I don't think this is an entirely accurate reading. It's a bit revisionist, and I suspect that it's because Monte Cook was simply one of the most prominent designers who talked about the game. But Monte Cook was not the lead designer of 3e. Jonathan Tweet was the lead designer. I believe there is even an article or forum thread here on ENWorld within the past year or so where Tweet talks about the design decisions behind the 3e Cleric. I don't think that's something that can just be pinned on Cook as if he were the scapegoat of 3e's questionable design choices.The time for drastic changes was 3E, essentially, and Monte flubbed it - which is why he tried to re-write history with Arcana Unearthed (which I love, but is basically 100% an apology for 3E, or from another perspective a "What I actually wanted to do with 3E!").
Even if video game RPGs are designed mostly about combat, I think that video game designers understand that people are drawn to play certain class archetypes/playstyles and design their classes accordingly. I have been playing TTRPGs for 20 years, which is admittedly not long in the grand scheme of things, and in that time nothing has changed. There is nothing new under the sun. I have time and time again seen players - even those who have years of experience playing pen 'n' paper TTRPGs - say they "want to play a class like X___" where X is a class or archetype from a video game: e.g., "How can I play a Diablo 2/3 style Necromancer in D&D?" or "How can I play a super heavily armored warrior?" Class playstyle and fantasy is important to a lot of players.I don't think videogames are a good model to pursue with tabletop RPGs though. Videogame class divisions are serving a different purpose, a lot of the time. Thinking about classes as roles can have some value, but in the end, historically videogames have tended to divide stuff up in order to do things like force people to reroll their character a lot and spend more time playing their game, or to really simplify concepts because they were too hard for players, and obviously I think we all know any non-combat aspects of classes in videogames tend to get stripped away (slowly but surely) and replaced with more combat-oriented functionality, which again tends to point them towards narrow focuses.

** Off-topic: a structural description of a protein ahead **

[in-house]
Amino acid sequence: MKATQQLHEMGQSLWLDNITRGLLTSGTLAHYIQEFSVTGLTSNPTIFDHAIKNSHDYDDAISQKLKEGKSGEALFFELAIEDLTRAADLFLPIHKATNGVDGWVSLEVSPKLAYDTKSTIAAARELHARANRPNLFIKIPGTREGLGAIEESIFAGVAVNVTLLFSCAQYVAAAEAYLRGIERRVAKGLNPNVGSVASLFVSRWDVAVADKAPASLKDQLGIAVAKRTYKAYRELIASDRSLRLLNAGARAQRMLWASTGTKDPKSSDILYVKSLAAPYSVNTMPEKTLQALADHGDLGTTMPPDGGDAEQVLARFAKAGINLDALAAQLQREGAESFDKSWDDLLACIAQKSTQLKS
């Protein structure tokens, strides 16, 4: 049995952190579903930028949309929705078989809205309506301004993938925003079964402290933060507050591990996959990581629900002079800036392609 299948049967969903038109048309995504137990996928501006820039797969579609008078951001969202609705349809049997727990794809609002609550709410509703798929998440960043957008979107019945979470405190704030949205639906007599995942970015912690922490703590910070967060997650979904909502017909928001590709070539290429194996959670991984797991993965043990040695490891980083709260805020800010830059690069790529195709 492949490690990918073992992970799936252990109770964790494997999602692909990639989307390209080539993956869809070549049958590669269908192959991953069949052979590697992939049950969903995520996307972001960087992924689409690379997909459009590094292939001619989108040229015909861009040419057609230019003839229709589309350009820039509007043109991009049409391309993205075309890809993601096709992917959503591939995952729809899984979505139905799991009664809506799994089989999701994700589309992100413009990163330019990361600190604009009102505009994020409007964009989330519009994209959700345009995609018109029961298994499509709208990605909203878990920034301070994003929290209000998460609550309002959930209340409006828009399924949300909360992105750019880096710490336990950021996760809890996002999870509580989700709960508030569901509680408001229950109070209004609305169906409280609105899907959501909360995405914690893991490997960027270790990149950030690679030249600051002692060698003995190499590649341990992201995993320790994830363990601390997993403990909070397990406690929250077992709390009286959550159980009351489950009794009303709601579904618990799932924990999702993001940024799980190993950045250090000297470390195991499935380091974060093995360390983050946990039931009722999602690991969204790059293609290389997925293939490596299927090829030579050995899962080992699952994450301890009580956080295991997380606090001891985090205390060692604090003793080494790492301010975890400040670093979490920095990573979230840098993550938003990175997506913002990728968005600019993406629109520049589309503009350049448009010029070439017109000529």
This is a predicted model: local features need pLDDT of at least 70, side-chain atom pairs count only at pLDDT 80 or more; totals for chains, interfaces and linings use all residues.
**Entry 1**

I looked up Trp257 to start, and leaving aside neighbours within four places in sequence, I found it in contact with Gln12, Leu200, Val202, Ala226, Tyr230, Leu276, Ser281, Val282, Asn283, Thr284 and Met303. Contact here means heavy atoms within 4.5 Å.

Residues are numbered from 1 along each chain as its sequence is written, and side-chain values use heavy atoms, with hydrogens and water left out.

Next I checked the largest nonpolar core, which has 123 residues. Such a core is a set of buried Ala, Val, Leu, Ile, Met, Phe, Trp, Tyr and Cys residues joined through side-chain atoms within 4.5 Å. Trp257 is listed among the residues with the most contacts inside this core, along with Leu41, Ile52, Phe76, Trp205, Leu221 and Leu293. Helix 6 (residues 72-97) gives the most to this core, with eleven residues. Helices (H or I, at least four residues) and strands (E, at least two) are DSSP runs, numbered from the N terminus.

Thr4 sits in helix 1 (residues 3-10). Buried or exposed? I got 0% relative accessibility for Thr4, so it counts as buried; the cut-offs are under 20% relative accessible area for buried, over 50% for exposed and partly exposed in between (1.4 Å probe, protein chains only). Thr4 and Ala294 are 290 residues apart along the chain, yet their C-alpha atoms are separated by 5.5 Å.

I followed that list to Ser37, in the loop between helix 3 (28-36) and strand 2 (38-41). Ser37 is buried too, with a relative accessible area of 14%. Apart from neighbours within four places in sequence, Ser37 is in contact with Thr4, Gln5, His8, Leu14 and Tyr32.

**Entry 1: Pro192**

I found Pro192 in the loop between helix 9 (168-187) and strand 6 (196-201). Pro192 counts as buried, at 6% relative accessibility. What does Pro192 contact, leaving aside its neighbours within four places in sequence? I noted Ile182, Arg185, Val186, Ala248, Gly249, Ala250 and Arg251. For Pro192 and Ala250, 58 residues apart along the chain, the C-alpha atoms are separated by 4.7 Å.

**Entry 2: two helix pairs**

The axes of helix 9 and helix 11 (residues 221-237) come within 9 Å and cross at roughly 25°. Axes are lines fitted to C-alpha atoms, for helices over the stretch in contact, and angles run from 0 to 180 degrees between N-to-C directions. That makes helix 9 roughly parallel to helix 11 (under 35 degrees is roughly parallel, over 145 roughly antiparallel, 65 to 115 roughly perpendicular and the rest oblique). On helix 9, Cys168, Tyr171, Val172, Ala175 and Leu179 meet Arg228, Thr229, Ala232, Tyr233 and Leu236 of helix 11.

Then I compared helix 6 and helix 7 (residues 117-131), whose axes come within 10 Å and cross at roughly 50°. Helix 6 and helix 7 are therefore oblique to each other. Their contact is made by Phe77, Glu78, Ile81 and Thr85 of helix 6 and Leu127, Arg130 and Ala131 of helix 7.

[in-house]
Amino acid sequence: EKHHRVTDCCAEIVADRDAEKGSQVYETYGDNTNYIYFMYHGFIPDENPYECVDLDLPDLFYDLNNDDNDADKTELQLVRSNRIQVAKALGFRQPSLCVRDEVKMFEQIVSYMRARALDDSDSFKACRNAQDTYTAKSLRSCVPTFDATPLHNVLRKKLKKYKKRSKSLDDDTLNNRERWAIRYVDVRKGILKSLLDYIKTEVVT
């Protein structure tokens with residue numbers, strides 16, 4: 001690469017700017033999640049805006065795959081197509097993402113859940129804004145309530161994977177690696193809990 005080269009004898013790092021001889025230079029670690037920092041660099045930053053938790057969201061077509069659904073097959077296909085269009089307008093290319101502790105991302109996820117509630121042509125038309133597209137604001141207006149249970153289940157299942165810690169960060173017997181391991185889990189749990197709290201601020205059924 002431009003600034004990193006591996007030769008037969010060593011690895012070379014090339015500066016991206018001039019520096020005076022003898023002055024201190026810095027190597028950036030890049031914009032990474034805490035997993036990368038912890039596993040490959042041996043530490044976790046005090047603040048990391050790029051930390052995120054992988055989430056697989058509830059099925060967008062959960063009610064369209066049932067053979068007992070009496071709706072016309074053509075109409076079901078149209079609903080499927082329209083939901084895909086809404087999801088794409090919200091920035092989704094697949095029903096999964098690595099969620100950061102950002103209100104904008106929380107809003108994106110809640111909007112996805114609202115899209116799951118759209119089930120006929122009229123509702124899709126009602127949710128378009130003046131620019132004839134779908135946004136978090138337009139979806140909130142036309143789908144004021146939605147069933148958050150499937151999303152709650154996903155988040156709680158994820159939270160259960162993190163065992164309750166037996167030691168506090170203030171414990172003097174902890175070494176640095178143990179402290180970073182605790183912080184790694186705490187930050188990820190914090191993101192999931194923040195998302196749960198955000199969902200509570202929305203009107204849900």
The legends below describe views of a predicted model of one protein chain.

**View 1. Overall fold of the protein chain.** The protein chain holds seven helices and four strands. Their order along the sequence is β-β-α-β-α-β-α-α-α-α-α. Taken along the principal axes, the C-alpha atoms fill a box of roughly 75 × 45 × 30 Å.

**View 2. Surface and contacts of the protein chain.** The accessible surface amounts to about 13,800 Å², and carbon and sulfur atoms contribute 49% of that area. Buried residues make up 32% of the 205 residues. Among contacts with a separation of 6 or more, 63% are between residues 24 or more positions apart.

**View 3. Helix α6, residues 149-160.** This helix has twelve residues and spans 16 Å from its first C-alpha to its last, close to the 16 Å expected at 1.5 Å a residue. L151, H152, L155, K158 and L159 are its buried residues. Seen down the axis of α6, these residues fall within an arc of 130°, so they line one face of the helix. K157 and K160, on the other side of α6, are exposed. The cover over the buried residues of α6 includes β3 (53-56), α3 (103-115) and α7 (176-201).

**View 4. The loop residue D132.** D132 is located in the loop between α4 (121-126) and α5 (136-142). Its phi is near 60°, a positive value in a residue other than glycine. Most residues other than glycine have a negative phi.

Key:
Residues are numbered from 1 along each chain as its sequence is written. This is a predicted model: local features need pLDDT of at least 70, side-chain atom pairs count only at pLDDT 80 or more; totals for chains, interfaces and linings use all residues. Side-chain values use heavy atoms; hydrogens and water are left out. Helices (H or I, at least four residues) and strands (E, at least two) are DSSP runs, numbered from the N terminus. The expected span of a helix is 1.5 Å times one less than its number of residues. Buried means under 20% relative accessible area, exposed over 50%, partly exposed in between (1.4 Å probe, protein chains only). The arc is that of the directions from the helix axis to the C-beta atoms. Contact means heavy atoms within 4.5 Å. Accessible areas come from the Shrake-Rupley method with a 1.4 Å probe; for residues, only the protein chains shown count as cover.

The WoW specs are more akin to subclasses. You still get a lot of core class abilities and mechanics. FWIW, I don't think it's that far removed, for example, of the Eldritch Knight and Champion Fighter subclasses playing quite differently or likewise the Swashbuckler and the Arcane Trickster Rogues playing quite differently. Not every class has good subclass distinctions in D&D 5e. (I'm looking at you Wizards).WoW, for example, has like 40-ish subclasses, most of which play like entirely separate classes - I think it's quite a good example of how videogames tend to keep separating stuff out and separating stuff out.
Again, see the Starfinder Mystic, which is part priest, shaman, druid, and psion.Talking of Clerics, WoW does a kind of interesting thing, I think more naively than consciously, which is that the Paladin in WoW is basically both the D&D Cleric and the D&D Paladin, pretty clearly, but the Priest is a separate class entirely with is more like a combination of 4E's Invoker, and 3E/4E's Psion, with a bit of a Far Realm theme to the some of the Psion stuff.
Hey. They don't even get the awesome hair!.The ranger is really hurt by the underdeveloped exploration tier. Their “wilderness” skills just don’t cut it in 5E, and they need more non-spell abilities so they aren’t the Two-weapon or Bow Fighter in Studded Leather With Awesome Hair.